I just finished speaking at the Enterprise Software Summit on rivers of information. The idea basically comes down to the fact that blogs, RSS, and other Web 2.0 technology is changing the dominant metaphor we have for the 'Net from "place" to "flow." Jeff Nolan took some notes.
Jeff's speaking now on how he uses social media at SAP to try to get SAP's message out. He mentions a study that indicates CEOs are among the least trusted spokespeople. This has interesting implications or the rise of the blogging CEO. Jeff says it's more important to get others blogging than to get your CEO blogging. I think this is certainly true, but I also think that blogging, done right, will change the CEO. This may not get the message out, but it will help the company.
Jeff is talking about how SAP is changing the way information is created and distributed. Whereas information was formerly created in discrete, static chunks and distributed in a one-way manner via email, information now needs to be boundariless and received through subscription. The latter methods enables conversations to start.
Most confidential information at large companies isn't. It's labeled "confidential" to make the writer feel more important. Start with the assumption that nothing is confidential and then categorize appropriately.
Jeff set up an internal multi-author blog internally called "The Daily Oracle." Whenever anyone sees some news item that has to do with Oracle, they post it. This is more effective than the clipping service that SAP pays for. SAP uses this and other topic specific blogs to respond to Oracle. Powerpoints, etc. get created or changed within minutes or hours for field people to respond to Oracle's actions.
Jeff thinks RSS will absolutely change the way companies communicate internally. Wikis are essential to capturing institutional knowledge and improving productivity. SAP uses SocialText (Ross Mayfield's here today as well). Blogs and wikis can be combined to form effective project management tools.
How do you use social media in your company? Here's Jeff's ideas:
- Lay down core building blocks, including a management commitment to be involved and guide the use. Install software (blogging and wiki). Support RSS/Atom distribution.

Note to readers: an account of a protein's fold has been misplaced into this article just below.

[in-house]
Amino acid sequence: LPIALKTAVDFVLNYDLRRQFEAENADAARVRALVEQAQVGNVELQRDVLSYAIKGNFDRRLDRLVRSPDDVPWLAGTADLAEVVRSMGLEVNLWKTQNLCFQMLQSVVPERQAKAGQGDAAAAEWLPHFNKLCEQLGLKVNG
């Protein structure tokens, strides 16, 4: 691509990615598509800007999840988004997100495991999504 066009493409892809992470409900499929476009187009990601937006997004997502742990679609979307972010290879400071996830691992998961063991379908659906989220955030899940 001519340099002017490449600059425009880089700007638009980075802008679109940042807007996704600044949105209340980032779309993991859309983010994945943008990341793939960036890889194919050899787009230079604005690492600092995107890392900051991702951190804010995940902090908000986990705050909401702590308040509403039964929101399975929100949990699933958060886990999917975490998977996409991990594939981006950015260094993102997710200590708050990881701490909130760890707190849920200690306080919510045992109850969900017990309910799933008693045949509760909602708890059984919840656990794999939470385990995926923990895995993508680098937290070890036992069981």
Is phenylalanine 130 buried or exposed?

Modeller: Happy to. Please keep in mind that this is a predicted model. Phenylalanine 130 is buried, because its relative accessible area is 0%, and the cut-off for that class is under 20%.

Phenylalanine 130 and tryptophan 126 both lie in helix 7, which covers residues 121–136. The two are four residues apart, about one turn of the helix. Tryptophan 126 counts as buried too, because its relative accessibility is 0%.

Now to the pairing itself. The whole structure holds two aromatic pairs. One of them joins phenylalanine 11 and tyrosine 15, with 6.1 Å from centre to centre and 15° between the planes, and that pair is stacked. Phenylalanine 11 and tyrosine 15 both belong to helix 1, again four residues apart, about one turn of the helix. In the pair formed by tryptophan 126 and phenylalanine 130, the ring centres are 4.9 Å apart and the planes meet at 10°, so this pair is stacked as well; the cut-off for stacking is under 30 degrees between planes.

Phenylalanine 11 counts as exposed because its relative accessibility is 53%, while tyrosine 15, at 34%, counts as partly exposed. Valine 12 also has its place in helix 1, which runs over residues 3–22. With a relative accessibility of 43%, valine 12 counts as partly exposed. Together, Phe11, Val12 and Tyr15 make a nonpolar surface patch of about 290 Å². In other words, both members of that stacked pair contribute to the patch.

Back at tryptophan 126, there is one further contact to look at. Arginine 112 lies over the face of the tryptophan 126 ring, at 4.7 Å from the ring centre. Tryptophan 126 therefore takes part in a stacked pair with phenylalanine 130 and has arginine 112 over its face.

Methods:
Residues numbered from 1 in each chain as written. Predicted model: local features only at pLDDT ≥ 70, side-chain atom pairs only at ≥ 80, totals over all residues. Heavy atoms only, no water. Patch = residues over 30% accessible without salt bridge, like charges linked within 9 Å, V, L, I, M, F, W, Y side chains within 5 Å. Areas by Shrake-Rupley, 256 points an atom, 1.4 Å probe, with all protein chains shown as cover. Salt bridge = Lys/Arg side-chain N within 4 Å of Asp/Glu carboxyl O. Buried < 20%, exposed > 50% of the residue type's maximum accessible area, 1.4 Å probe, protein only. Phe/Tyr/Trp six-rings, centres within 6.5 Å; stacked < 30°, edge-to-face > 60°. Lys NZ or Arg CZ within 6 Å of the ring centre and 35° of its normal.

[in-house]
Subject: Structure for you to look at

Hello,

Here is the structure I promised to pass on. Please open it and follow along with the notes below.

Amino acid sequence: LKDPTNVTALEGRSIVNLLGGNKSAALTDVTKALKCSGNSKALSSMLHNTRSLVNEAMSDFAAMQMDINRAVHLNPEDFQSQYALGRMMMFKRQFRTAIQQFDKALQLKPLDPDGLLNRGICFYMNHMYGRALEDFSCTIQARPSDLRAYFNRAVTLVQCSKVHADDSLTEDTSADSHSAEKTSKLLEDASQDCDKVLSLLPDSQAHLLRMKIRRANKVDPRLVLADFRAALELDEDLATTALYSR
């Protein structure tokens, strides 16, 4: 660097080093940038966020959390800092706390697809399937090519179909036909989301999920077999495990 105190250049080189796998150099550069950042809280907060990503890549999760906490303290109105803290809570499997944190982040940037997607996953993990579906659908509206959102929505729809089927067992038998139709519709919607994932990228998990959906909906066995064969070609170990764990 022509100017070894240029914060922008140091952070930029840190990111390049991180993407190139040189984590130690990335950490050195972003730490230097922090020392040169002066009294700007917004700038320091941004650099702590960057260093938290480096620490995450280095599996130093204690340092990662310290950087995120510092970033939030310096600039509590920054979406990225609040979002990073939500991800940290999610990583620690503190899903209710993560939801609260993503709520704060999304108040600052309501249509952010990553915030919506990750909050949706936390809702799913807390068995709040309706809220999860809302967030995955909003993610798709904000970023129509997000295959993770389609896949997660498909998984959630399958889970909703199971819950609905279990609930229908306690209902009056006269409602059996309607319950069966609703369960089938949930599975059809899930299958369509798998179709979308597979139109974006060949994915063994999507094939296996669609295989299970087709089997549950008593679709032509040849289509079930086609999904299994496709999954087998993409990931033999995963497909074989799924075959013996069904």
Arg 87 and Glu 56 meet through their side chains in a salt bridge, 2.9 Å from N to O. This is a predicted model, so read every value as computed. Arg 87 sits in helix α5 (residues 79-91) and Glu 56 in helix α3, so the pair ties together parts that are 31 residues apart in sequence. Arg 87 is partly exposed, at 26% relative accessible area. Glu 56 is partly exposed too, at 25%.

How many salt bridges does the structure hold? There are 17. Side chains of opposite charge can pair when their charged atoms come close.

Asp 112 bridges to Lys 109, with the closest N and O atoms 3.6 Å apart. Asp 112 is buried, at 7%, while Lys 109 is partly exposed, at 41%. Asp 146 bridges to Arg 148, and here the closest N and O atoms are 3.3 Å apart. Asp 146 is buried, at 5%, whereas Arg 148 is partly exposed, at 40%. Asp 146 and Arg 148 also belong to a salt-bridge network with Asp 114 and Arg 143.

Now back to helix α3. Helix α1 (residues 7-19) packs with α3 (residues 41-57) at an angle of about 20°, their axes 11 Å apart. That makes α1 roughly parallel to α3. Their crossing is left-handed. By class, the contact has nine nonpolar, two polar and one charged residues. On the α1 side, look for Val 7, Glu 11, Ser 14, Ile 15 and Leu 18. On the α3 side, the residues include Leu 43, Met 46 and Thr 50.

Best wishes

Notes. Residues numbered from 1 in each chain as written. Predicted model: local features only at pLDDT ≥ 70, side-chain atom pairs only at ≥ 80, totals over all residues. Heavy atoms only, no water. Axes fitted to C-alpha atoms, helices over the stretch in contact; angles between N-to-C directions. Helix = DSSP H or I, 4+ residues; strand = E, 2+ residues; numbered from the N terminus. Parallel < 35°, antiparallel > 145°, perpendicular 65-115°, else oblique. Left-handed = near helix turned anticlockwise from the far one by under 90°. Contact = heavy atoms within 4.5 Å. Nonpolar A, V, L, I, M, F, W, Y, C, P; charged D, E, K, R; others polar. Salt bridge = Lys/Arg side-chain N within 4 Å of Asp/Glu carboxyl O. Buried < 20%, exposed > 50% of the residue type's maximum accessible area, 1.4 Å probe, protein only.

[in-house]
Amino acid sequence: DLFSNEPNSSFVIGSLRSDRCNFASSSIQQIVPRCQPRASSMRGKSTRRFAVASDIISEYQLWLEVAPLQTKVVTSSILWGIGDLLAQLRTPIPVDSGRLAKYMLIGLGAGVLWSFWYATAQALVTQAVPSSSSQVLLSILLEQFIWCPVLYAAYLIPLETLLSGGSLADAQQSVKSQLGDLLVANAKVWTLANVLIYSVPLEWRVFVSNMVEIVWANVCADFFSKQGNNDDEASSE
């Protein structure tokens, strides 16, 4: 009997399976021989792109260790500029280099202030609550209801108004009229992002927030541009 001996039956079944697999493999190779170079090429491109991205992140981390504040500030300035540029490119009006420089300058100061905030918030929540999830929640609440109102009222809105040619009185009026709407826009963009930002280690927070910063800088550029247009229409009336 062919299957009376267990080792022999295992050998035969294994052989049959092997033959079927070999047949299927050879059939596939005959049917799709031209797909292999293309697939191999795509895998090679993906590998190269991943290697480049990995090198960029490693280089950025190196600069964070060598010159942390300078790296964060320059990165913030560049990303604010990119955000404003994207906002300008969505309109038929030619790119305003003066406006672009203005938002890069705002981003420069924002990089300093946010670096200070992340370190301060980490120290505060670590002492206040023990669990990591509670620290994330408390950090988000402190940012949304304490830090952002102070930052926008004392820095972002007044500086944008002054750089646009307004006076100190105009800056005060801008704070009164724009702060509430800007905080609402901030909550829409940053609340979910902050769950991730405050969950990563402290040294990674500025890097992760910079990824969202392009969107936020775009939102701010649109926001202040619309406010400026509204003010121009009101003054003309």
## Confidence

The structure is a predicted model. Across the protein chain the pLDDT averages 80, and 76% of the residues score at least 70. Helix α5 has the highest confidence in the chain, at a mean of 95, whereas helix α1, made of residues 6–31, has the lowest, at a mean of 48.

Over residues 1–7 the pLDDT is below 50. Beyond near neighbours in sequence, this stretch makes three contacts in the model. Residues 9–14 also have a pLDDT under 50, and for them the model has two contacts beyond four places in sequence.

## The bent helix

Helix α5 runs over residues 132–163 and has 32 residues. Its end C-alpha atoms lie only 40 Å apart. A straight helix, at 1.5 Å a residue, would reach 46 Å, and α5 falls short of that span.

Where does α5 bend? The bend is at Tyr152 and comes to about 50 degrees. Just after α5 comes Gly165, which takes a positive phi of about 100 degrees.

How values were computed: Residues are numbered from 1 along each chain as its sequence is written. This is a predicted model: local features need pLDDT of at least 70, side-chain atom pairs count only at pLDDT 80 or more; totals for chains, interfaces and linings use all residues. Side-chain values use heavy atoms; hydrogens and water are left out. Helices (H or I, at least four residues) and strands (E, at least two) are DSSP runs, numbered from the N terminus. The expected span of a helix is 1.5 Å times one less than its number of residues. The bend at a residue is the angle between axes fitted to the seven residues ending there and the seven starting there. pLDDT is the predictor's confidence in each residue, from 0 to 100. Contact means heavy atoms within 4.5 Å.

- Develop external relations. Form community groups and create a federation of interested 3rd party bloggers, citizen journalists, and so on.
- Drive content avenues. This can come from executive and employee blogs. Don't forget podcasts.
Trying to manage external bloggers like you do the media isn't effective. Find the influencer in the blogosphere. Jeff points out that Technorati shows that 241 sites link to his blog whereas only 61 sites link to sap.com. There's more to influence than incoming links, but it's a powerful indicator. SAP called up influential bloggers on enterprise software and asked if they'd like to talk more and better access to information about SAP. They don't try to manage the content, just send information. SAP will make executives available to bloggers to talk. Jeff will comment on blogs that are critical of SAP to engage in the conversation. When the criticism is valid, fix the problem rather than covering it up.
Changing the direction of the battleship takes time. There are legal challenges (your corporate code of conduct might not allow blogging). The message is not longer a top-down, managed message, but a distributed, more confrontational market communication strategy. You probably need software that isn't currently supported by your IT team. If you manage the message you'll be ignored.
C-level blogs are largely a waste of time. The untapped gold mine are the people who are direct reports to C-level people. They are smart, tactical, and have things to say.